But a full three-finger grip on your little J-frame makes a big difference. You’ll have more control, particularly on follow-up shots. And the firmer, more solid hold means less perceived recoil transmitted to your hand. The best part: when it’s time to put the gun away, that extension disappears right back into the grip where it belongs.

Oh and if you’re not a Smith weenie like I am there’s also a model for the Ruger LCR.


Do you need a $49.98 aftermarket GuardianGrip for your J-frame? That depends. If you have small hands like mine, maybe you can get a firm enough hold on your wheel gun with the standard factory rubber or wood grips. Maybe.

If you have larger mitts, that’s probably much more of a challenge and you’ll definitely benefit from the three-finger hold a GuardianGrip gives you.

I can tell you that after giving the Pachmayr GuardianGrip a try, it’s not coming off of my 642. Anyone want to buy a gently used Lasergrip for a J-frame?

Specification: Pachmayr GuardianGrip

Models: Smith & Wesson J-Frame, Ruger LCR
MSRP: $49.98

Ratings (out of five stars):

Ease of Installation: * * * * *
If you have a screwdriver, you can do it. The entire job may take you 60 seconds.

Build Quality: * * * *
Nicely molded polymer fits the J-Frame’s contours well, if not perfectly.

Functionality: * * * * *
It simply works every time, giving you an ideal three-finger grip on your J-frame.

Overall: * * * * *
The GuardianGrip does exactly what it’s designed to do and does it exceedingly well.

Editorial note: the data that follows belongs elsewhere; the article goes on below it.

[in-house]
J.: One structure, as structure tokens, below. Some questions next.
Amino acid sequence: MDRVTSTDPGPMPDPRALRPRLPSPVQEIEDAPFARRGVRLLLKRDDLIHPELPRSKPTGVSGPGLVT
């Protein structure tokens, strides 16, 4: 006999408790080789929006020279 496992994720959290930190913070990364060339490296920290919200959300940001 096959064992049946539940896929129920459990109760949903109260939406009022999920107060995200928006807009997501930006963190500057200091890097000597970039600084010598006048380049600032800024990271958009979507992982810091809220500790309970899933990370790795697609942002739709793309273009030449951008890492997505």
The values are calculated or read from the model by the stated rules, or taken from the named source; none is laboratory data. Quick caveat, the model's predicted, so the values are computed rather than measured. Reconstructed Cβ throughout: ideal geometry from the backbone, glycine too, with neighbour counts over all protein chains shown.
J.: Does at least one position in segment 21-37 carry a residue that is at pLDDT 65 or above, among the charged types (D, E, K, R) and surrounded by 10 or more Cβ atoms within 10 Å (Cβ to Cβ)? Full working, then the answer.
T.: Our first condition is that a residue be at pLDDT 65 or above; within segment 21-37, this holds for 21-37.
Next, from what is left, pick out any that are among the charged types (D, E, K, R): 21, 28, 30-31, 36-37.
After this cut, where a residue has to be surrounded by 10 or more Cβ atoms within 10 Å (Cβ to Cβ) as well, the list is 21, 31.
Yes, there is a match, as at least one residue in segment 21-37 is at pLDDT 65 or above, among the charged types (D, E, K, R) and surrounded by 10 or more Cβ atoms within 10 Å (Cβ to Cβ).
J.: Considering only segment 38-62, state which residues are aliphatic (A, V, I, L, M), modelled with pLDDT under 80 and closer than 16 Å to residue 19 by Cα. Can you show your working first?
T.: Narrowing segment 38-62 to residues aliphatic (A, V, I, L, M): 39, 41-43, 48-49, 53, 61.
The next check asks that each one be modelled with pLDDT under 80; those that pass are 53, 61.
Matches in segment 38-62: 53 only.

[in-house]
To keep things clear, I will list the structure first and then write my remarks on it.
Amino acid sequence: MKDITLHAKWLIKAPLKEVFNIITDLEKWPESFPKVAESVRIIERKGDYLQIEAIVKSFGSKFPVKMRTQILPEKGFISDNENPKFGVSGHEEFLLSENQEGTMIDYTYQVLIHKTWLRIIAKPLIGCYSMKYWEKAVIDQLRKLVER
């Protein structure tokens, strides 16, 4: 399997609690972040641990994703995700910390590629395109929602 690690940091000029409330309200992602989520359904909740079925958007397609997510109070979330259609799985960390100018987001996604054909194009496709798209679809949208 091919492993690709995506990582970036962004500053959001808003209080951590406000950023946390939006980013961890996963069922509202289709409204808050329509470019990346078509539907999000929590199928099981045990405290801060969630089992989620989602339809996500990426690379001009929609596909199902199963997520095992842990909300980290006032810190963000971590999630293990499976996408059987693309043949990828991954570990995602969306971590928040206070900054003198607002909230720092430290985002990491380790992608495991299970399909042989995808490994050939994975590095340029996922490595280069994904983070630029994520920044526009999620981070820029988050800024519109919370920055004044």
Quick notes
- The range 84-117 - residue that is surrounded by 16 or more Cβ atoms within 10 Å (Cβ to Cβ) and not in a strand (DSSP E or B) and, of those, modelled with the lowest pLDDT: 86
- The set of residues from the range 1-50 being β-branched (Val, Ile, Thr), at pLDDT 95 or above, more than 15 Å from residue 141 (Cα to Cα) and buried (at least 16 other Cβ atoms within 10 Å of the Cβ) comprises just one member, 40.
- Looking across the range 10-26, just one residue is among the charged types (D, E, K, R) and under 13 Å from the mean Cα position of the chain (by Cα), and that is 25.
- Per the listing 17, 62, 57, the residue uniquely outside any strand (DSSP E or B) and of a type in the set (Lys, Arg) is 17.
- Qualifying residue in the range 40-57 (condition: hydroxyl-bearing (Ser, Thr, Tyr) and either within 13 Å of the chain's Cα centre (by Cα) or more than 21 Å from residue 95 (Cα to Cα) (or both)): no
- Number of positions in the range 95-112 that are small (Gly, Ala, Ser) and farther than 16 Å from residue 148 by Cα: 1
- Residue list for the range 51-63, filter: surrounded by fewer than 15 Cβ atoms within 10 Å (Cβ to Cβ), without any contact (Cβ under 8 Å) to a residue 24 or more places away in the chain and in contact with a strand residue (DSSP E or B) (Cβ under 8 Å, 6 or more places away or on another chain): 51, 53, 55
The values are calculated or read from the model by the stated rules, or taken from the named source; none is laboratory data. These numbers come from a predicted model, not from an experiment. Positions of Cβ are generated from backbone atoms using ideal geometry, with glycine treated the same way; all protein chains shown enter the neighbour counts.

A version of this review originally appeared at AmmoLand and is reprinted here with permission. 



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    • Pachmyr only lists one grip for all Taurus revolvers.
      That is the Diamond Pro rubber three finger concealed grip, nice grips too!
      Along with the similar G10 grips that can be got from midway.

  1. As a self-avowed Smith weenie of the highest (lowest?) order, I can state that I actually like shooting my J-Frames with the pinkie curled under the handle. It kinda locks the grip into place, which is important when shooting lightweight little revolvers with any loads, from mild to wild.

    Stated bluntly, an Airweight is a snappy little bitch with .38Spls or higher. Airlights are the same but more so. +p loadings can be endured, but barely. .357s? You can KMA before I’ll shoot full-power .357Mags from a lightweight J-Frame.

    I gave up on recoil reduction a hundred years ago. Now, I use fancy-schmancy exotic wood grips ’cause they look good. As a great philosopher once said, it’s not how you feel, it’s how you look.

    OTOH, ham-handed guys who can’t do the pinkie curl will probably benefit from these grips. But they won’t look mahvelous.

    • “… I can state that I actually like shooting my J-Frames with the pinkie curled under the handle. It kinda locks the grip into place, which is important when shooting lightweight little revolvers with any loads, from mild to wild.”

      It’s the same thing with the tiny NAA mini-revolvers. It’s a bit weird, but it improves the grip…

  2. If you pocket carry your j frame, as I do, when you grip the revolver to draw and the extension pops out would that risk snagging in your pocket?

    • Because of the way it hinges (pivots at the rear), I wouldn’t think so. Any fabric catching on it would just push it back into the retracted position. But I’ve never held these, so purely a guess.

  3. unless this fully covers the metal back strap, this little gun is still going to be hateful to shoot.

  4. I have found the pinky under the grip style makes my M-640 shoot low while instinct pointing, that may or may not be a bad thing.
    This while a good idea seems gimmicky.
    I chose the Pachmyr Compac grip which will have a pinky rest on a rubber grip all the time.
    It doesn’t detract from concealed carry but does add to shoot and hit ability.
    But, everyone is free to choose which ever!